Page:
The Art of War/The Book of Lord Shang Paperback
by Tzu Sun, Shang Yang
Part of the Wordsworth Classics of World Literature series
Translated by Yuan Shibing and J.J.L.Duyvendak. With introductions by Robert Wilkinson. The two political classics in this book are the product of a time of intense turmoil in Chinese history.
Dating from the Period of the Warring States (403-221BC), they anticipate Machiavelli's The Prince by nearly 2000 years.
The Art of War is the best known of a considerable body of Chinese works on the subject.
It analyses the nature of war, and reveals how victory may be ensured.
The Book of Lord Shang is a political treatise for the instruction of rulers.
These texts are anything but armchair strategy or ivory-tower speculation.
They are serious, urgent and practical responses to the desperate situations in which they were written.
They have been immensely influential both inside and outside China.
- Format: Paperback
- Pages: 256 pages
- Publisher: Wordsworth Editions Ltd
- Publication Date: 11/06/1997
- Category: Literary essays
- ISBN: 9781853267796
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Review by Choccy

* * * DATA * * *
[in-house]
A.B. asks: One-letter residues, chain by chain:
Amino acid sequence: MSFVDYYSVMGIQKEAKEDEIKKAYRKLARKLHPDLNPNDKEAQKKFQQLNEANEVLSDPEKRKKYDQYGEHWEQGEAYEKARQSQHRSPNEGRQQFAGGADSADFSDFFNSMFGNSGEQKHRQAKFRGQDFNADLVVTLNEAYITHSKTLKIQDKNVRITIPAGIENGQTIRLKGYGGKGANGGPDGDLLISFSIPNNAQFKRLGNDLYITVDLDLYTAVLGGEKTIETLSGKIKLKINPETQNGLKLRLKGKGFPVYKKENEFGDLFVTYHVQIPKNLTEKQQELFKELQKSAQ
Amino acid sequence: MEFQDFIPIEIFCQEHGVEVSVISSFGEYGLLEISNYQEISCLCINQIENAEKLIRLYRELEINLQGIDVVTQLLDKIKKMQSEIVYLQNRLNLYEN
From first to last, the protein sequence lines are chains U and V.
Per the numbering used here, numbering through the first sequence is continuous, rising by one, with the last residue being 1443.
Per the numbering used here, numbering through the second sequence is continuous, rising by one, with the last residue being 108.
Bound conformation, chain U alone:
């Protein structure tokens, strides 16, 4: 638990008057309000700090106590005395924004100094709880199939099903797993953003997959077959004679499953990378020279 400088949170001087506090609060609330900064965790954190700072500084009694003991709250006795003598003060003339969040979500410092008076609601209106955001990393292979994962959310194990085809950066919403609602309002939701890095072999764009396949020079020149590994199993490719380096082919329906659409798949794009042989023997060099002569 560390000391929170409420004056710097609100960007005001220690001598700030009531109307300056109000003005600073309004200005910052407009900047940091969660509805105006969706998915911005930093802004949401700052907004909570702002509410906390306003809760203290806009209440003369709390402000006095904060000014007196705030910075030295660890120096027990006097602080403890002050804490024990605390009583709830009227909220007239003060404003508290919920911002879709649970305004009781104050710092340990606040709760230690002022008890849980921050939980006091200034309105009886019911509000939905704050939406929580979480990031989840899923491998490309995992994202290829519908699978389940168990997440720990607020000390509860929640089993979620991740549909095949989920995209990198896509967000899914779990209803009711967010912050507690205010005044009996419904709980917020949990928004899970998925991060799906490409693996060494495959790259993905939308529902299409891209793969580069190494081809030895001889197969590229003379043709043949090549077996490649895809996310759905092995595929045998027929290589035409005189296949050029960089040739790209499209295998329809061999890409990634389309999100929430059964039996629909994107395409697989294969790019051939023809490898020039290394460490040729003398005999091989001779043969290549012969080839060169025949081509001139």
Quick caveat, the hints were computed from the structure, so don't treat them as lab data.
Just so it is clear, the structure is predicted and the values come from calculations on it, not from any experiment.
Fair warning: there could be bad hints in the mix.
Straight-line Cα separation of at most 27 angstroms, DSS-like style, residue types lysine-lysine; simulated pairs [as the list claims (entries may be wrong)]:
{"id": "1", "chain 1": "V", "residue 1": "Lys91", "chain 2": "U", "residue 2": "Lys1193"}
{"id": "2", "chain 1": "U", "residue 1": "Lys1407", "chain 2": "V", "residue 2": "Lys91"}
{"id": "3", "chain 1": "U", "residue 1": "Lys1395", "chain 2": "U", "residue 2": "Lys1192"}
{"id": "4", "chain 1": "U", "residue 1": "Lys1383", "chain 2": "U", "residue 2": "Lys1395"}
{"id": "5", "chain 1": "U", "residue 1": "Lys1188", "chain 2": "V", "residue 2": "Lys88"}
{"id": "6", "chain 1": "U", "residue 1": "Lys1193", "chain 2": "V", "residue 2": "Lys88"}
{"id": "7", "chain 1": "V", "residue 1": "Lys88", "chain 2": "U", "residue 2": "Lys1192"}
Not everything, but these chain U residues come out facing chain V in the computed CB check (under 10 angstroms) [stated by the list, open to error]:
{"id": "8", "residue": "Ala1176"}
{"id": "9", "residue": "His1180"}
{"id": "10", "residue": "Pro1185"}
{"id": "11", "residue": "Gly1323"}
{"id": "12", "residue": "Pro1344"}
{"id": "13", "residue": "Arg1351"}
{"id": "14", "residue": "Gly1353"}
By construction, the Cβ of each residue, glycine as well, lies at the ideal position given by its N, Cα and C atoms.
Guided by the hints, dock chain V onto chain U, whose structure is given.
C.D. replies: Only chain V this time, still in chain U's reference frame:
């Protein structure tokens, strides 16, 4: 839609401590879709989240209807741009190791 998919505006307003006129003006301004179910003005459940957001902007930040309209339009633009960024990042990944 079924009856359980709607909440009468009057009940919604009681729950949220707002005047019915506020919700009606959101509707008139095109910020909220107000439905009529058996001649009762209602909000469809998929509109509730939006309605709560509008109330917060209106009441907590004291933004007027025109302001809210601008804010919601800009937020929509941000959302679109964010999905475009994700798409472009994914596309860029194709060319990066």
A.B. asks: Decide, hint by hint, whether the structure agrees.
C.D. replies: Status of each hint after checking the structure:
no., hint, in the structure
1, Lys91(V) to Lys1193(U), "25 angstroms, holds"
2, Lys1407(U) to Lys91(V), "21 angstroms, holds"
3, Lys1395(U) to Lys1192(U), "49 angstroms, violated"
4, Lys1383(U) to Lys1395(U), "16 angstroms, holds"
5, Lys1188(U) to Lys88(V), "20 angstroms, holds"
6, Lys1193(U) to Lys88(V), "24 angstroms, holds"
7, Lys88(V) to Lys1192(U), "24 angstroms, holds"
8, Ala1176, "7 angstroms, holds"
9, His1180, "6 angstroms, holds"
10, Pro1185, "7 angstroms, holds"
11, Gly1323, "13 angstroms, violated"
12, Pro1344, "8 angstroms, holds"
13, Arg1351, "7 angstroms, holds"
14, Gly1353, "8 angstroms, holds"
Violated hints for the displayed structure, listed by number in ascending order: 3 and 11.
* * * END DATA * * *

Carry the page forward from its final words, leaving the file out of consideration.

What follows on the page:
Now this is what I call a true classic! This book, as well as The Book of Lord Shang, preceded Machiavelli’s captivating masterpiece, Il Principe, by nearly 2000 years (I have to confess that I almost completely forget Il Principe’s contents, but I still remember that it was a captivating read).Back to Sun Tzu…Yes, some of his advices are already outdated and cannot be applied in the modern war. However, the others are, well, I should say mind-opening and inspirational, yet very simple.Want some examples? Here you go.“Know the enemy and know yourself; in a hundred battles, you’ll never be defeated. When you’re ignorant of the enemy but know yourself; your chances of winning or losing are equal. If ignorant both of your enemy and of yourself, you are sure to be defeated in every battle.” If Hitler and General Tojo read this book, we’d all live in fascism now. If only Bush read this book, the war in Iraq will be over by now.Sun Tzu may taught us about war. But note this, he stressed that non-violent ways are better. This means employing effective politics, diplomacy and strategic considerations. He said: “To win one hundred victories in one hundred battles is not the acme of skill. To subdue the enemy without fighting is the supreme excellence.” That’s my favorite quote.I also heart this one: “A sovereign cannot launch a war because he is enraged, not can a general fight a war because he is resentful. For while an angered man may again be happy, and a resentful man again be pleased, a state that perished cannot be restored, nor can the dead be brought to life.”That statement breaks me heart, really…. considering what happens in the world today.Highly, highly recommended. I’ll give this book a solid five stars.